A non-fungible token (NFT) is a digital signature defining ownership of a specific example of digital work.

Produced using blockchain technology, it functions like a token of bitcoin currency, in that NFTs are items in a non-centralized, cryptographically-encoded ledger that keeps a record of possession and transfer.

Where bitcoins could theoretically be swapped like-for-like (just as any old $20 bill can be swapped for another $20 bill), non-fungible tokens are units of information representing a specific item. That makes them more like boarding passes than bank notes, limiting their fungibility, or ability to be interchanged with other goods or assets.

In turn, this makes them perfect for recording the ownership of an item that could otherwise easily be copied and shared – such as online graphic art, music, and even objects in computer games.

Okay, what's the point of owning an NFT then?

The goal of creating NFTs was to add an element of scarcity to what is effectively a limitless resource.

There is just one Mona Lisa. Owning it means you can hang it in in your dining room, give it to a museum for safe-keeping, or sell it to the highest bidder. A photograph of the Mona Lisa in your travel diary clearly isn't the same thing.

But if you have a picture of the retro cartoon Nyan Cat blazing a rainbow trail across your computer screen, your friend can make an exact copy and display it on their own desktop. Asking which is the real Nyan Cat is meaningless.

8 bit image of a pop-tart cat flying through space with a rainbow trailNyan-cat tribute art. (Rob Bulmahn/Flickr/CC BY 2.0)

Even if your friend pays to download a copy of the image from a website, as they might for a music album, the result is still just an owned duplicate.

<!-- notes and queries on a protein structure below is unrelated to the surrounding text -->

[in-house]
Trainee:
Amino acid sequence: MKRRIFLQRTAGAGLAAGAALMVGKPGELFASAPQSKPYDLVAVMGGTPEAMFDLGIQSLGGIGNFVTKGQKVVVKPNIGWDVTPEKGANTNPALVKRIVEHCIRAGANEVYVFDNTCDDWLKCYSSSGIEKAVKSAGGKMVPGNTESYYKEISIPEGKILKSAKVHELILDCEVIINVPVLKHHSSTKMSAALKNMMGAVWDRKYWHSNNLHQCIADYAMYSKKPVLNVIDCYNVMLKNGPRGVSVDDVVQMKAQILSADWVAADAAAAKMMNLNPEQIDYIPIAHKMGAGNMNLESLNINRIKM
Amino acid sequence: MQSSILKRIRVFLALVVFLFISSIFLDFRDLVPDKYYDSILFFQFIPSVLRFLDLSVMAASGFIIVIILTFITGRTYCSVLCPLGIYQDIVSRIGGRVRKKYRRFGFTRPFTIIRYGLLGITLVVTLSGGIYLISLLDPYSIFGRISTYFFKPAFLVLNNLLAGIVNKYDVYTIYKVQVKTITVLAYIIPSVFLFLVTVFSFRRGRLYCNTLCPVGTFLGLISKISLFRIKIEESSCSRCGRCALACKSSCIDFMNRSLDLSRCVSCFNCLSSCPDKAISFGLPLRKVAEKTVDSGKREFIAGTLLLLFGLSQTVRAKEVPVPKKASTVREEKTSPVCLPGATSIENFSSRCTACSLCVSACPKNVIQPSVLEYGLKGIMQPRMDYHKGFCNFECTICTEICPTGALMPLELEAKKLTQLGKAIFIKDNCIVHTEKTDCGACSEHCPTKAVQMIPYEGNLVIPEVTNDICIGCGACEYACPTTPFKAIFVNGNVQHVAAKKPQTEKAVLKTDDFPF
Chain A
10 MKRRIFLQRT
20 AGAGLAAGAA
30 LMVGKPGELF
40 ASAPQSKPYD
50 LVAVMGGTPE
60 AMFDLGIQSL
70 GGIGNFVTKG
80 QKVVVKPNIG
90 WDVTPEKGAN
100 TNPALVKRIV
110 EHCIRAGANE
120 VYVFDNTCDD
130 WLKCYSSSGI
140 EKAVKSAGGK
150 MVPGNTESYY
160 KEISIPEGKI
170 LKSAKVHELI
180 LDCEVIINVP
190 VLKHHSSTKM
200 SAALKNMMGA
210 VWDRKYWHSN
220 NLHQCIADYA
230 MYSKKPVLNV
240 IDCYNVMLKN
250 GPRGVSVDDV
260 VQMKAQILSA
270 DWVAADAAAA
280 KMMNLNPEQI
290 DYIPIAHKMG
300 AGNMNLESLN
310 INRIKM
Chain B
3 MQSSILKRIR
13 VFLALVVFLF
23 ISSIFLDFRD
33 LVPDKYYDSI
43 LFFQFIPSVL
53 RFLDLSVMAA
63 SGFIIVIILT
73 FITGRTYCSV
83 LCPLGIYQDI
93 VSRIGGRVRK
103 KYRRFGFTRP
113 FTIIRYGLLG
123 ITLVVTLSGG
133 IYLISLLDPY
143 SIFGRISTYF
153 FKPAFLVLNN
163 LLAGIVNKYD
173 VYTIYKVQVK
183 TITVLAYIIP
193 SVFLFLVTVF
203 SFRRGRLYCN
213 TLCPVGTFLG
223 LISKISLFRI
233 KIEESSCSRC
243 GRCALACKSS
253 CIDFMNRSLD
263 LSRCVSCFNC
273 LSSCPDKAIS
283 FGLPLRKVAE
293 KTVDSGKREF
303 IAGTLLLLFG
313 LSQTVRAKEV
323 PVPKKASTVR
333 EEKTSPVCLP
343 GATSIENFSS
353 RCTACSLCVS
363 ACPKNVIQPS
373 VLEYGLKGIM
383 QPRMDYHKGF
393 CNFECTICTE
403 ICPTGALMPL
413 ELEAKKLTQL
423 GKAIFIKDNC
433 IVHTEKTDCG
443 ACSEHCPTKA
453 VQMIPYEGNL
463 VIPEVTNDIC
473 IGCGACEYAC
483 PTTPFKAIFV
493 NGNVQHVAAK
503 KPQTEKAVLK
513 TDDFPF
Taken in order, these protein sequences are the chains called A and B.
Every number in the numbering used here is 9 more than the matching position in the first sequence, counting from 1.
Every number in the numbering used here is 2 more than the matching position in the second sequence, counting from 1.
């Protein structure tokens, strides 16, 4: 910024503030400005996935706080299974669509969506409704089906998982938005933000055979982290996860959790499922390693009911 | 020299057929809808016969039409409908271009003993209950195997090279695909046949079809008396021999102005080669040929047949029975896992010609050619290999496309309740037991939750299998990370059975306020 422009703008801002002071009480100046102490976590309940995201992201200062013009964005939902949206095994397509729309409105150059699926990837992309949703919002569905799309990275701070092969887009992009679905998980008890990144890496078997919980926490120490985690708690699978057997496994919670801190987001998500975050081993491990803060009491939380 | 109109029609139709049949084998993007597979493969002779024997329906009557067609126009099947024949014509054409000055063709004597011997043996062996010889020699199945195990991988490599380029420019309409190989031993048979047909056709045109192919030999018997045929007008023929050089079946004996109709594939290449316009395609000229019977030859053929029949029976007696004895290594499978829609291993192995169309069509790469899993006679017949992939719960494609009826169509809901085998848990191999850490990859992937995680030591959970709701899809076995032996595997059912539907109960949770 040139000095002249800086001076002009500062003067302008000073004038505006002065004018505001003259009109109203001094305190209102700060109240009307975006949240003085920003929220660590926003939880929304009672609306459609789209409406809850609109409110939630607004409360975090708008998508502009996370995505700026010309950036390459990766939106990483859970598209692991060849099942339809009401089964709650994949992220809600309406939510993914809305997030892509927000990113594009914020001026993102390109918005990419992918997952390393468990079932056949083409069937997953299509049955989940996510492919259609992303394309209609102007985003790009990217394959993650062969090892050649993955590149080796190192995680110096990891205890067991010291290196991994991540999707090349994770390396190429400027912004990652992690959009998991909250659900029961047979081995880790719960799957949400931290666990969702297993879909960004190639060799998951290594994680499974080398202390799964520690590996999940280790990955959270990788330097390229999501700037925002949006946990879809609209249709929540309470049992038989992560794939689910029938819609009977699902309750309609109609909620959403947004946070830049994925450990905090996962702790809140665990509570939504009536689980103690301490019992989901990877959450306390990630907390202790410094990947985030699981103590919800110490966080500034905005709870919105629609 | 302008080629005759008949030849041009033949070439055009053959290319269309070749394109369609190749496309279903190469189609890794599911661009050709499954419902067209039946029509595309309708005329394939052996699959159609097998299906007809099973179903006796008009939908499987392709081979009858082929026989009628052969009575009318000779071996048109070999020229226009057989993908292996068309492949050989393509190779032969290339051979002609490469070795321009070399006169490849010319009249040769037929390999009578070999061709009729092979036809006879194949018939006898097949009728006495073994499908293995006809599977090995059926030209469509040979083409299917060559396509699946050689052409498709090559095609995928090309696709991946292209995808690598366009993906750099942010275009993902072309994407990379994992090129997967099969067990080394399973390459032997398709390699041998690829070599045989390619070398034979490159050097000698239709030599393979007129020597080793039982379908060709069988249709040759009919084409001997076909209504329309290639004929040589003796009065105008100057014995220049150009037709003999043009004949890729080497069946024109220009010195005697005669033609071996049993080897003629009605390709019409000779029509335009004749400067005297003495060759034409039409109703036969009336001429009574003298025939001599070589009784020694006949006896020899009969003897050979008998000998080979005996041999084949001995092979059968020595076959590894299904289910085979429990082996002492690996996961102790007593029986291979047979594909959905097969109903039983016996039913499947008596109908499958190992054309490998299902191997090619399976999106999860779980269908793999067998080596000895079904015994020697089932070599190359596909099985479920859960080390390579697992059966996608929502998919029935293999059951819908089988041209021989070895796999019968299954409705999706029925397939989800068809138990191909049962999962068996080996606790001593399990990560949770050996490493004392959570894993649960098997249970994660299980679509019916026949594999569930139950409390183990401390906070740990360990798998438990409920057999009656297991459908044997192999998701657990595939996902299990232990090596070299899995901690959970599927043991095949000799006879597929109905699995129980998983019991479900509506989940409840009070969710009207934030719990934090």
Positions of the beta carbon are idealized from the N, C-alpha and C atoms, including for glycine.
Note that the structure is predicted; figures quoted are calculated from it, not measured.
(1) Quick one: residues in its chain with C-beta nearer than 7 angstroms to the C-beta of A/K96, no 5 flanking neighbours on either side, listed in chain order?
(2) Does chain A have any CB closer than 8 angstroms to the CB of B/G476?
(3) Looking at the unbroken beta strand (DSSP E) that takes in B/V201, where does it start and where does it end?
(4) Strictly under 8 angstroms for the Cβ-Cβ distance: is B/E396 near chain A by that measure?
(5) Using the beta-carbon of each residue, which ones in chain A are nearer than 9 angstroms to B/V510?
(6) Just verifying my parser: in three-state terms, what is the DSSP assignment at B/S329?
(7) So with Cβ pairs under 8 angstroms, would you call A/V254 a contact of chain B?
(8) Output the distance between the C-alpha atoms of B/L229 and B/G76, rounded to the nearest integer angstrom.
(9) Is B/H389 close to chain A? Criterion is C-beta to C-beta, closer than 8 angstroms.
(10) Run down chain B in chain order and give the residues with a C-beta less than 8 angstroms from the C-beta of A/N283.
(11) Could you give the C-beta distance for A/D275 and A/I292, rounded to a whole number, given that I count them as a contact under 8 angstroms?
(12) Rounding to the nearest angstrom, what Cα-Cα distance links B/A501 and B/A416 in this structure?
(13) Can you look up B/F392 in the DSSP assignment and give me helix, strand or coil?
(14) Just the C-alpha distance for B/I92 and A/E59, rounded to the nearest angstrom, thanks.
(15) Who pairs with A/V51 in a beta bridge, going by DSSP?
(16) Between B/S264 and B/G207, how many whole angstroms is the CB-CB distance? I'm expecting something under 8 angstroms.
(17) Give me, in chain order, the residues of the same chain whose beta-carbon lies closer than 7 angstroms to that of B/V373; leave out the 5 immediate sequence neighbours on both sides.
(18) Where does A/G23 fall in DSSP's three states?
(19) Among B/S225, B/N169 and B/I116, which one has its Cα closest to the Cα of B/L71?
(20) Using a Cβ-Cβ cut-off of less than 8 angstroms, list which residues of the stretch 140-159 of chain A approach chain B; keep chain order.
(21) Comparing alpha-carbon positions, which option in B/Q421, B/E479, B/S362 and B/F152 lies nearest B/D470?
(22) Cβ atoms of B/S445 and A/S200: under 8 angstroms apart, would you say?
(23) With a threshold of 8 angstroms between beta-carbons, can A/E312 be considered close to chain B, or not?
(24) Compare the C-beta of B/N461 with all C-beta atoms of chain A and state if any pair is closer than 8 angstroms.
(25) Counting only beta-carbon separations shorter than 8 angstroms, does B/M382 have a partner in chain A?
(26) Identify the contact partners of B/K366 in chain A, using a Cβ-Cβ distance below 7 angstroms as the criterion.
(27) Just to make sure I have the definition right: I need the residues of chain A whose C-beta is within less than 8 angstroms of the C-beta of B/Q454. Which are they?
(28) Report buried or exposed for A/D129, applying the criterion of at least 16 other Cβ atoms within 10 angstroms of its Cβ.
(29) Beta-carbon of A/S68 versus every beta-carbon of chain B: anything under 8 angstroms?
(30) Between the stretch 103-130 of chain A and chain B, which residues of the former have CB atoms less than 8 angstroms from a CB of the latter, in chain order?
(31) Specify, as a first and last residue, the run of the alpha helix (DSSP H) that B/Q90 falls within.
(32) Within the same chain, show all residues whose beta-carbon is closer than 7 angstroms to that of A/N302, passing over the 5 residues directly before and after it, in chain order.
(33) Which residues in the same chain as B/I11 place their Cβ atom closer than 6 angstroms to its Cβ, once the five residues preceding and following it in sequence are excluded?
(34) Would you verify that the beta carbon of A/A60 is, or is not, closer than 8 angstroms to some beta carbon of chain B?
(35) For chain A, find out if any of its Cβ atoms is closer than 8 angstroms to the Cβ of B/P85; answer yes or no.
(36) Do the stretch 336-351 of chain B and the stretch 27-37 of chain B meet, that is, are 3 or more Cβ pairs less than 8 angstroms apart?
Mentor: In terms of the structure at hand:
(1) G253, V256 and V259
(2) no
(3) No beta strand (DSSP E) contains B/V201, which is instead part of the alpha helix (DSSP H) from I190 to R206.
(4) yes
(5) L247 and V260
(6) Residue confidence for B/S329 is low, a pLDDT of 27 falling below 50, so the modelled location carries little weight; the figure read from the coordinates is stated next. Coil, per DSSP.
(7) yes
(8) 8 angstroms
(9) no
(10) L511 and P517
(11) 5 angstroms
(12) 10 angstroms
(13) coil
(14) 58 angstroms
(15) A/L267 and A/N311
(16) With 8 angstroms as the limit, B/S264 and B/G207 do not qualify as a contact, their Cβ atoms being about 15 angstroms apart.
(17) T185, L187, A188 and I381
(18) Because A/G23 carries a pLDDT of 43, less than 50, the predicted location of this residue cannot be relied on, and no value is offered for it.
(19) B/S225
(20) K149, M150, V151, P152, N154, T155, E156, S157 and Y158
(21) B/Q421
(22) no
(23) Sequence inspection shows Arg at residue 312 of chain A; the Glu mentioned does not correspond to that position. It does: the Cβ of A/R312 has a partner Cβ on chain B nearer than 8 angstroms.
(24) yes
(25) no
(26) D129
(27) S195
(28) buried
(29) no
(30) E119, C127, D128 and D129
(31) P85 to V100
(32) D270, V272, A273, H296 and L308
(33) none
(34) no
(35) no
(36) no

By contrast, NFTs can't be duplicated. Even if thousands of people have a copy of the piece it represents, the NFT-linked ledger item is qualified as the real deal. The only way to own it is to purchase that NFT from the previous owner and use blockchain to record the transfer.

So people are paying for NFTs using actual money?

Like diamonds or gold or Funko Pop Vinyls, for as long as there's a person willing to buy a specific NFT, the token has an intrinsic value.

In 2017, a pair of 'creative technologists' operating under the project name Larva Labs began a release of collectible digital characters called CryptoPunks. Each unique character head available for purchase has a proof of ownership in the form of an NFT.

In spite of a sales price averaging just over US$21,000 per head, thousands have been sold, making the total value of all sales of the Punks nearly US$200 million dollars.

Since then, the NFT market has grown significantly and reached new peaks in early 2021, with music artists like Kings of Leon and Grimes selling tokens for their music and art, and the auction house Christie's selling a collage NFT for the first time for an astonishing US$69,346,250.

And as for Nyan Cat, its NFT sold for US$590,000 in February 2021.

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